Speed Reads

troll farm

Thousands of Twitter trolls tried to use Russia's 2016 techniques on the 2018 midterms

Twitter identified and removed troll accounts from five countries trying to uproot the 2018 midterms, the company revealed Thursday.

Thousands of Twitter accounts from countries including Russia, Iran, and Venezuela were found to be copying Russia's 2016 interference tactics, NBC News reports. Many of these accounts were backed by foreign governments and either spread disinformation or inflamed political discourse, Twitter said in a press release.

The accounts looked like those used by the Internet Research Agency, a Moscow-backed group indicted in Special Counsel Robert Mueller's probe into possible ties between President Trump's campaign and Russia. Twitter said it took down 418 of these kinds of accounts from Russia, which were "aimed to inflame hot-button political debates in the U.S.," NBC News writes. These accounts were "less effective" than what we saw in 2018, and were all removed before the elections, a Twitter spokesperson says.

Twitter also found 764 troll accounts from Venezuela that used the IRA's tactics, and more than 2,600 accounts from an Iranian network. Iran's efforts "sought to amplify political messages that had been broadcast by the country’s state-run media," a third of which were tweeted in English, per The Washington Post. Another 6,000 U.S.-based posts sharing misinformation, like the suggestion that votes could be cast via text, were also shut down. Facebook also announced Thursday that it "removed 783 Pages, groups and accounts for engaging in coordinated inauthentic behavior tied to Iran."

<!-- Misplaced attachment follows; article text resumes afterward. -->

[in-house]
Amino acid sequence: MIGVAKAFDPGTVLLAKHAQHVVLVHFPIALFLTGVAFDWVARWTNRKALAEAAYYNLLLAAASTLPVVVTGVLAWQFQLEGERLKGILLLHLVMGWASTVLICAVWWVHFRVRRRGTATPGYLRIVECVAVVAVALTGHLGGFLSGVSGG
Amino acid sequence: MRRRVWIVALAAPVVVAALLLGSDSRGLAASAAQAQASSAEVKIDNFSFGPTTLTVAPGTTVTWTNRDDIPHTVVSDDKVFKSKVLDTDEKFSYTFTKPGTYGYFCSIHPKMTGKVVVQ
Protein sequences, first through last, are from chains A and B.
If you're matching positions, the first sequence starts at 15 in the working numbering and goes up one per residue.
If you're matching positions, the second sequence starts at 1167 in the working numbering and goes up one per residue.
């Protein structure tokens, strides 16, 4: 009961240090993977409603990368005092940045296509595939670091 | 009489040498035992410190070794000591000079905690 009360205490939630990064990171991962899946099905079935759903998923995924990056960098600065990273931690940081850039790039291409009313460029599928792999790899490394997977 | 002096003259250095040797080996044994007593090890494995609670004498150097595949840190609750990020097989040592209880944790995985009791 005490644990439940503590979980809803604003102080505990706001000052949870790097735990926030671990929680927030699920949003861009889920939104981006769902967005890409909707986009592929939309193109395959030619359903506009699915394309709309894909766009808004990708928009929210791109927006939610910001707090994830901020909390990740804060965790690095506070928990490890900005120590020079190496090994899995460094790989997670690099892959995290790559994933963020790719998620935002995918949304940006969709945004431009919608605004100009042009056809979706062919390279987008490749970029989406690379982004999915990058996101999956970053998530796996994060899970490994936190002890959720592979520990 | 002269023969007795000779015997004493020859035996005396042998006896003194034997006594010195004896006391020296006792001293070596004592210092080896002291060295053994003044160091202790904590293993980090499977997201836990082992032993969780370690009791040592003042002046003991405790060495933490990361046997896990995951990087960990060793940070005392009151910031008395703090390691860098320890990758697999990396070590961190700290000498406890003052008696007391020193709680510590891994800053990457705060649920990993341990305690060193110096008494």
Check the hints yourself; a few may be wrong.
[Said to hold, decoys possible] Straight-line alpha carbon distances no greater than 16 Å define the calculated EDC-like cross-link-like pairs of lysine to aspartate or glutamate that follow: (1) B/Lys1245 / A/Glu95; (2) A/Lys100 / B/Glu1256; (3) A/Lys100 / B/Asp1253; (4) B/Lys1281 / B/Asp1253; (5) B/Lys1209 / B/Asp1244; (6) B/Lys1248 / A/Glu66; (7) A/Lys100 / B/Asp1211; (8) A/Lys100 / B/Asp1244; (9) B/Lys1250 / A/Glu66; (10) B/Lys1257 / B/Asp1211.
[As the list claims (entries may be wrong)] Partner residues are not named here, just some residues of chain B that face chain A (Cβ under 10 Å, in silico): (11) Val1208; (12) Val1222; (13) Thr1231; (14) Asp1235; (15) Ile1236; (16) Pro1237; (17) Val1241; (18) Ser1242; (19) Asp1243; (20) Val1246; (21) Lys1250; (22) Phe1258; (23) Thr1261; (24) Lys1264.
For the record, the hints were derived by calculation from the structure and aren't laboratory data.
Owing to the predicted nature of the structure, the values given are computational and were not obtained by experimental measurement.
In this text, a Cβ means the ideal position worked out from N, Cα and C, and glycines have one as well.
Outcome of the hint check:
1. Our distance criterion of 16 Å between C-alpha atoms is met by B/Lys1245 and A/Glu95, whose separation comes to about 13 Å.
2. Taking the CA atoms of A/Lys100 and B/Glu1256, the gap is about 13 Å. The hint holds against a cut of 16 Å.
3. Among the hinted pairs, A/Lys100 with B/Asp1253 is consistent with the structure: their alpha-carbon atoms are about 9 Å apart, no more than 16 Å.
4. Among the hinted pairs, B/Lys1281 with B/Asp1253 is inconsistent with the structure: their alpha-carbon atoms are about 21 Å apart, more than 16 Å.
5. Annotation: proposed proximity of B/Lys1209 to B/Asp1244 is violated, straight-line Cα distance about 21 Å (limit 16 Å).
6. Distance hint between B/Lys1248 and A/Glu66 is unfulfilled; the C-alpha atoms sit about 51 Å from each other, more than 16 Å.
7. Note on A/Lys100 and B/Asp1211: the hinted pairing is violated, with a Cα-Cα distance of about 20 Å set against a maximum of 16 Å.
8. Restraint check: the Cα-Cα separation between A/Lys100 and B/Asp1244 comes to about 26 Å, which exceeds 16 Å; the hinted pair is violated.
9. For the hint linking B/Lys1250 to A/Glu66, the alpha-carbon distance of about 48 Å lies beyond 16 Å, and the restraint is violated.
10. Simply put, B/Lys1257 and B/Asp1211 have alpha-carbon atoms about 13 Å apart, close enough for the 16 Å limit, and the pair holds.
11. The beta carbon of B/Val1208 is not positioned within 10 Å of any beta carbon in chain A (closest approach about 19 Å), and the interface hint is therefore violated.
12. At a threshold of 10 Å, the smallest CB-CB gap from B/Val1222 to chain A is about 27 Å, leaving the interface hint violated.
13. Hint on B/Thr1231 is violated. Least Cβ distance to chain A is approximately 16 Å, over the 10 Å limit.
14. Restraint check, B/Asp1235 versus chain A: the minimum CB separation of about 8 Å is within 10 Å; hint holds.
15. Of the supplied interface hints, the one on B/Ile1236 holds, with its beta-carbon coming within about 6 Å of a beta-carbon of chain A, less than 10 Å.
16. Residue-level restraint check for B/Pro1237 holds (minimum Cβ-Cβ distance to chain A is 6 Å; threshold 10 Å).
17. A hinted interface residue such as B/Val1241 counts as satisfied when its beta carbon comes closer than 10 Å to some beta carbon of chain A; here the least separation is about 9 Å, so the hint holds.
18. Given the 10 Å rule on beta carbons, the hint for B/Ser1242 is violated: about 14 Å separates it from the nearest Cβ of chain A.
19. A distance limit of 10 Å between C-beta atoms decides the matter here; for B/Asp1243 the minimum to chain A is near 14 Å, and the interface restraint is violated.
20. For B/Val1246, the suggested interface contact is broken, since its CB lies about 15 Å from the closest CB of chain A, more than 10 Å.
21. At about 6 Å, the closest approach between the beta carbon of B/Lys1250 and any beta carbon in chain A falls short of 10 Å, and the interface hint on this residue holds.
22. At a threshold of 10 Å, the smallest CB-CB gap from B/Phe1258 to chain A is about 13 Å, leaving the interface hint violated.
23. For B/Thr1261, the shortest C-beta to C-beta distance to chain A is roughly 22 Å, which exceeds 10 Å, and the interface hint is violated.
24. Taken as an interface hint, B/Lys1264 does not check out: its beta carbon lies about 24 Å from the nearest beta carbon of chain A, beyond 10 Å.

These removals show how far Twitter has come since Russia "reached hundreds of millions of social media users across the web" in 2016, the Post writes. Yet it also shows how Russia's methods are spreading, suggesting Twitter, Facebook, and other social sites need to do more to curb them.